If you grow tomatoes in your small kitchen garden, you face an important decision: will you pluck suckers, or leave them alone? Suckers? Simply, suckers are branches on your tomato plants. Typically, a sucker sprouts where a leaf meets the main stalk of the plant. Many experienced gardeners tell you that your plants grow stronger and produce better if you pluck the suckers. It just isn’t so. But there are reasons to be a sucker-plucker.
There are two categories of tomato plants: determinate and indeterminate. Determinate varieties stop growing after producing a season’s crop. Indeterminate varieties continue to grow until some outside influence (such as a frost) kills the plants. When you select plants to grow in your small kitchen garden, you might evaluate several characteristics:
- How big will the fruits be?
- What color tomatoes does the plant produce?
- Is the variety of tomatoes meaty or is it juicy?
- Does the variety have a reputation for good flavor?
- Are the plants resistant to diseases?
- How large do the plants grow?
- Are the plants determinate or indeterminate?
I like to heft a purplish-red three-quarter pound fruit, knowing just two or three will make a salad for as many meals. So, I choose large, disease-resistant varieties such as beefsteak, big boy, better boy, and big girl. All are indeterminate and with a reasonably long growing season, a single plant could stretch eight or nine feet along the ground, covering four or more feet on each side of the main vine.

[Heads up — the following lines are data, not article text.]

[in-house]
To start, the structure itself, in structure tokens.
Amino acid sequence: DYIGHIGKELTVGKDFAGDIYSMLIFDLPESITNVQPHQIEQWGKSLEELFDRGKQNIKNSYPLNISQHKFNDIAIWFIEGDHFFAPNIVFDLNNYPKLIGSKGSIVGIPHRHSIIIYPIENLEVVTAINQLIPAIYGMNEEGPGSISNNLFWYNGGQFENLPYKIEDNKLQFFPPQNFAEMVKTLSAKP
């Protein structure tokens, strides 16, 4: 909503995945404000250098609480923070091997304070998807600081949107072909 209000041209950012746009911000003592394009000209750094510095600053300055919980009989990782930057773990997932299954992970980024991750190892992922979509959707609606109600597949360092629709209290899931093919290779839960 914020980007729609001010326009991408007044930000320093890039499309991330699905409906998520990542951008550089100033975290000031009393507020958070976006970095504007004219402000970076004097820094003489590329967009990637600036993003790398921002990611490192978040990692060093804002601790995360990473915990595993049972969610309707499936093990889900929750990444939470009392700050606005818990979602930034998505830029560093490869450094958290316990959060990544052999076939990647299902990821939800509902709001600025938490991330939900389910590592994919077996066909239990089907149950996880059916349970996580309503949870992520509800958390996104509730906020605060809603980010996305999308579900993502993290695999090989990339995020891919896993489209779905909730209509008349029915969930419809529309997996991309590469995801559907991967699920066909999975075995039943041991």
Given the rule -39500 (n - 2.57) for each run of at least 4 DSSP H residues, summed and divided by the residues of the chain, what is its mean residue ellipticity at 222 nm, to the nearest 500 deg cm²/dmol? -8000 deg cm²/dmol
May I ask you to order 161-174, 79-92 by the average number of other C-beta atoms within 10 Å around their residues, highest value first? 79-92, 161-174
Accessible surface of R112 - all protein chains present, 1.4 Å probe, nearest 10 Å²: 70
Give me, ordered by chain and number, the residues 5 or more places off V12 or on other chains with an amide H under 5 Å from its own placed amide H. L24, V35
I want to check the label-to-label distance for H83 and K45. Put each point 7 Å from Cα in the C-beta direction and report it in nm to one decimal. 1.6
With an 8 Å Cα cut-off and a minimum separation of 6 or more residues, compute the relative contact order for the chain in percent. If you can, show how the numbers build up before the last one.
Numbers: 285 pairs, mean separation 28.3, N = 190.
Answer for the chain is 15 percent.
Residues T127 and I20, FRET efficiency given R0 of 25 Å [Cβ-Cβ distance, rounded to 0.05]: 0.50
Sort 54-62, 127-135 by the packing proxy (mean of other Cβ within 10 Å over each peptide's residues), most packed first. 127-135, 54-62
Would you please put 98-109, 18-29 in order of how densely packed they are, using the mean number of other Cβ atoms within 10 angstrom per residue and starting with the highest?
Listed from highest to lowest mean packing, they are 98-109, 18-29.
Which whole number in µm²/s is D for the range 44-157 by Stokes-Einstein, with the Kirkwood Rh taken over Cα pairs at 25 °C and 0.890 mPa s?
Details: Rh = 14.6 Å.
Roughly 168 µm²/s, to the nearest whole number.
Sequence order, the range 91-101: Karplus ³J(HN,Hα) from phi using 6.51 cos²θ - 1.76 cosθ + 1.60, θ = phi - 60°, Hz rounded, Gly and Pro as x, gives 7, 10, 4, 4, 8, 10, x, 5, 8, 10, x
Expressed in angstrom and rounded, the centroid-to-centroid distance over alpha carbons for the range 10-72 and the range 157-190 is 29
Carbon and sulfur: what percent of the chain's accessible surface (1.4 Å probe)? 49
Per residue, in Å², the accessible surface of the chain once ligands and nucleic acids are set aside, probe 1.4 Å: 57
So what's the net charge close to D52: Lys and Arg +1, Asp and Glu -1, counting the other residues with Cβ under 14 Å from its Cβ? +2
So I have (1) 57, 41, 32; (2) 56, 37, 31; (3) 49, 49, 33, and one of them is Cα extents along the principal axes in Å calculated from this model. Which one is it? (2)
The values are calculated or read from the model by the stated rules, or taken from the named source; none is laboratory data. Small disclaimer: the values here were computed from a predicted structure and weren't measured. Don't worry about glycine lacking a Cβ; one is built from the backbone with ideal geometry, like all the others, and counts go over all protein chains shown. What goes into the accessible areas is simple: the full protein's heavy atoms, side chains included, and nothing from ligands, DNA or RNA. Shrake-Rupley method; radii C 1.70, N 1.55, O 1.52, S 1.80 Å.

A tidy small kitchen garden
To preserve space (and to keep my tomatoes out of the dirt), I plant a tall wooden stake next to each tomato plant. As the vine grows, I tie it to the stake. As suckers appear, I pluck them. The reason? If I don’t pluck, I’ll end up with dozens of branches on my tomato plant, and each will grow as aggressively and crazily as the main vine. In fact, the suckers themselves will develop suckers. It would become a major chore to tie all those suckers to the stake holding the tomato plant.
Were I growing determinate varieties, such as romas (there are even determinate beefsteak tomatoes), I wouldn’t bother at all about suckers. To keep them under control, I’d invest in big tomato cages—metal hoops on uprights that provide a framework to hold the branches within a limited space.
I’ve let indeterminate plants grow as many suckers as they wanted, and compared the tomato production with that of plucked plants. There was no appreciable difference. So, if you stake your tomato plants in your small kitchen garden, pluck the suckers to keep things tidy and ease maintenance. If your plants are determinate, and they aren’t growing much beyond four feet anyway, then let the suckers grow; you may get more fruit that way… for less effort.
How to pluck suckers
Oh, and how do you pluck suckers? If you don’t mind getting your hands dirty, just pinch the stalk off as close to its base as possible. Alternatively, use a knife to cut the sucker close, or use gardening shears to snip it.